TOPEKA, Kan. (AP) — All employees and interns working for Kansas executive branch agencies will be required to undergo annual sexual harassment training, new Gov. Jeff Colyer announced Monday.
Colyer outlined the new policy during a Cabinet meeting and then signed an executive order during a Statehouse news conference to put it into effect. He allowed The Associated Press into the Cabinet meeting.
It is the Republican governor’s first executive order since taking office last week after replacing former GOP Gov. Sam Brownback, who resigned to serve as U.S. ambassador-at-large for international religious freedom.
The executive branch has not had a single anti-harassment policy across all agencies.
“I just want us to make sure that the culture is respectful and very professional,” Colyer told his Cabinet. “I think that’s what all of us want.”
Colyer told reporters at the news conference that his administration will be “fierce” in enforcing the executive order but is still working on a policy for how employees are disciplined if they do not participate in the annual training.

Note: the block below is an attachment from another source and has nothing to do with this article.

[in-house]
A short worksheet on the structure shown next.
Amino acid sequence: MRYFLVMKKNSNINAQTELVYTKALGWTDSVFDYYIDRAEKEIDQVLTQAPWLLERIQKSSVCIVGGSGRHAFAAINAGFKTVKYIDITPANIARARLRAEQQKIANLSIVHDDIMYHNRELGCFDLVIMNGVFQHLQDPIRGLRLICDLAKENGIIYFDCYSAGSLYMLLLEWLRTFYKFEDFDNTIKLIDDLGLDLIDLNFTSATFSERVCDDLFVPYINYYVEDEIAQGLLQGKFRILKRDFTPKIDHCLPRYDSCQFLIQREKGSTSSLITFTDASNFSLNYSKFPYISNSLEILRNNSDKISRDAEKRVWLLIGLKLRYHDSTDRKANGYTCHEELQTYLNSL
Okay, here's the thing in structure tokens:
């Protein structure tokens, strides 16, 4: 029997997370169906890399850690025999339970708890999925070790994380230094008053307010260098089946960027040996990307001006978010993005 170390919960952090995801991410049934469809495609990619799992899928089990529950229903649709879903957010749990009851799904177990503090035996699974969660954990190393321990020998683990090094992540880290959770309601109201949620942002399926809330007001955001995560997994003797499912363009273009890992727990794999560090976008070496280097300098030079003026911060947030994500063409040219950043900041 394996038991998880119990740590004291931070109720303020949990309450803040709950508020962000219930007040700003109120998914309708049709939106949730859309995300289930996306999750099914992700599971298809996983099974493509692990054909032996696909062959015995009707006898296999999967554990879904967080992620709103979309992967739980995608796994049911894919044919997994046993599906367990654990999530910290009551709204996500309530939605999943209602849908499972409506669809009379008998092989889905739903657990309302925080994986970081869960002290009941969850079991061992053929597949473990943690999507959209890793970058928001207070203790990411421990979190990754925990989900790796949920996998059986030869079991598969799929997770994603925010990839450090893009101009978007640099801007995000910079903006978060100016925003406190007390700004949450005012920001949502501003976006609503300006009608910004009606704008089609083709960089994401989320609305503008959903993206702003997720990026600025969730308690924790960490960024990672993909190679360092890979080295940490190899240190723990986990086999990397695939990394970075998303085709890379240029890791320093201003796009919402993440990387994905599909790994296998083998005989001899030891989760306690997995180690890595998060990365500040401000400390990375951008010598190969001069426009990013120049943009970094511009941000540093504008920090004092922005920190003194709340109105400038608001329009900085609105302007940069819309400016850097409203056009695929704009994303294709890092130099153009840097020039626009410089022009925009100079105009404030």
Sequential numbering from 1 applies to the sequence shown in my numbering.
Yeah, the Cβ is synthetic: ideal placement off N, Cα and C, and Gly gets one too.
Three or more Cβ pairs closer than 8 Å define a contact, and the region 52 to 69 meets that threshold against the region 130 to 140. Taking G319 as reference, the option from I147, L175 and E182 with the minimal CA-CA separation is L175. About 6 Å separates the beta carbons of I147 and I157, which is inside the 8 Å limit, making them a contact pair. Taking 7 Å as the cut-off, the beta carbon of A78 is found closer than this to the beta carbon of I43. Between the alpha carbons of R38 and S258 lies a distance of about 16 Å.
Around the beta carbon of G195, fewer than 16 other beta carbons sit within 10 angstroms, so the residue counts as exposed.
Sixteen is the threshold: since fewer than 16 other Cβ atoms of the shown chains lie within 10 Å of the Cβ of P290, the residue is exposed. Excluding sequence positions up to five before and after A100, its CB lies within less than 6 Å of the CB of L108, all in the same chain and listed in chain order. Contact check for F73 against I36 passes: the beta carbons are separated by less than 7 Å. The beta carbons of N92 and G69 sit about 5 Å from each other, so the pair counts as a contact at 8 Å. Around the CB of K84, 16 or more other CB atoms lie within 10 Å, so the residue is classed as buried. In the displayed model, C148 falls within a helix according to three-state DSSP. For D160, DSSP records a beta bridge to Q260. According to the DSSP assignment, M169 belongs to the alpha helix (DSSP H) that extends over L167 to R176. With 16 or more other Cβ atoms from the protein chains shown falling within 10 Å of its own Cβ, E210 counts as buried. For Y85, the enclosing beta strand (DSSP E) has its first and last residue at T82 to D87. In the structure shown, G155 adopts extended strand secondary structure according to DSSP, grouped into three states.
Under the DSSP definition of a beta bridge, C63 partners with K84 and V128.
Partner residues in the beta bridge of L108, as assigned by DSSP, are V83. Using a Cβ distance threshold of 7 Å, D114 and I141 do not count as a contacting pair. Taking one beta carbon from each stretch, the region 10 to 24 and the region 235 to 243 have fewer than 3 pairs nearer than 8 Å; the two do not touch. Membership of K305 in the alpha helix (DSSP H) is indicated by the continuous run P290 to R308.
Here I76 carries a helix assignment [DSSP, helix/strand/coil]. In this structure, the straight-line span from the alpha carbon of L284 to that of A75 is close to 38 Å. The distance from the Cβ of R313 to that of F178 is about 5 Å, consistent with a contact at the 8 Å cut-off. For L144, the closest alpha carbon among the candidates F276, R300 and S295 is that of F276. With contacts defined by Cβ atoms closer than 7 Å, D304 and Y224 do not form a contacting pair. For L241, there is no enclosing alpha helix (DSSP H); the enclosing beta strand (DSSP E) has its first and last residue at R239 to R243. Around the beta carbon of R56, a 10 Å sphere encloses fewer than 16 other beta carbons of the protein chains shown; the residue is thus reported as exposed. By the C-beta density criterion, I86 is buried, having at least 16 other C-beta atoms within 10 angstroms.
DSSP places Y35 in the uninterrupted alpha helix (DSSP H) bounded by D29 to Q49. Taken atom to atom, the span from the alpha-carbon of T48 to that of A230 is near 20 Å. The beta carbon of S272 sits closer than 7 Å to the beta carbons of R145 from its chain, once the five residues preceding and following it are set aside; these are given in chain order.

Colyer’s order comes as the top state lawmakers are reviewing the Legislature’s anti-harassment policy, which has been in place since 1994 and hasn’t required annual training for lawmakers, their employees or interns. Legislative leaders held multiple, voluntary training sessions since December.
Top lawmakers initiated a review of the Legislature’s sexual harassment policy review after the ex-chief of staff for a former Democratic leader said publicly in October that a lawmaker once asked her for sex in 2015. She described harassment as “rampant” and said female college-student interns regularly served as after-hour designated drivers for intoxicated lawmakers in 2016.
Colyer said his executive order will require an outside, independent review when an elected official or Cabinet secretary is accused of harassment.
He said the order also will require agencies to review their anti-harassment policies at least once every three years.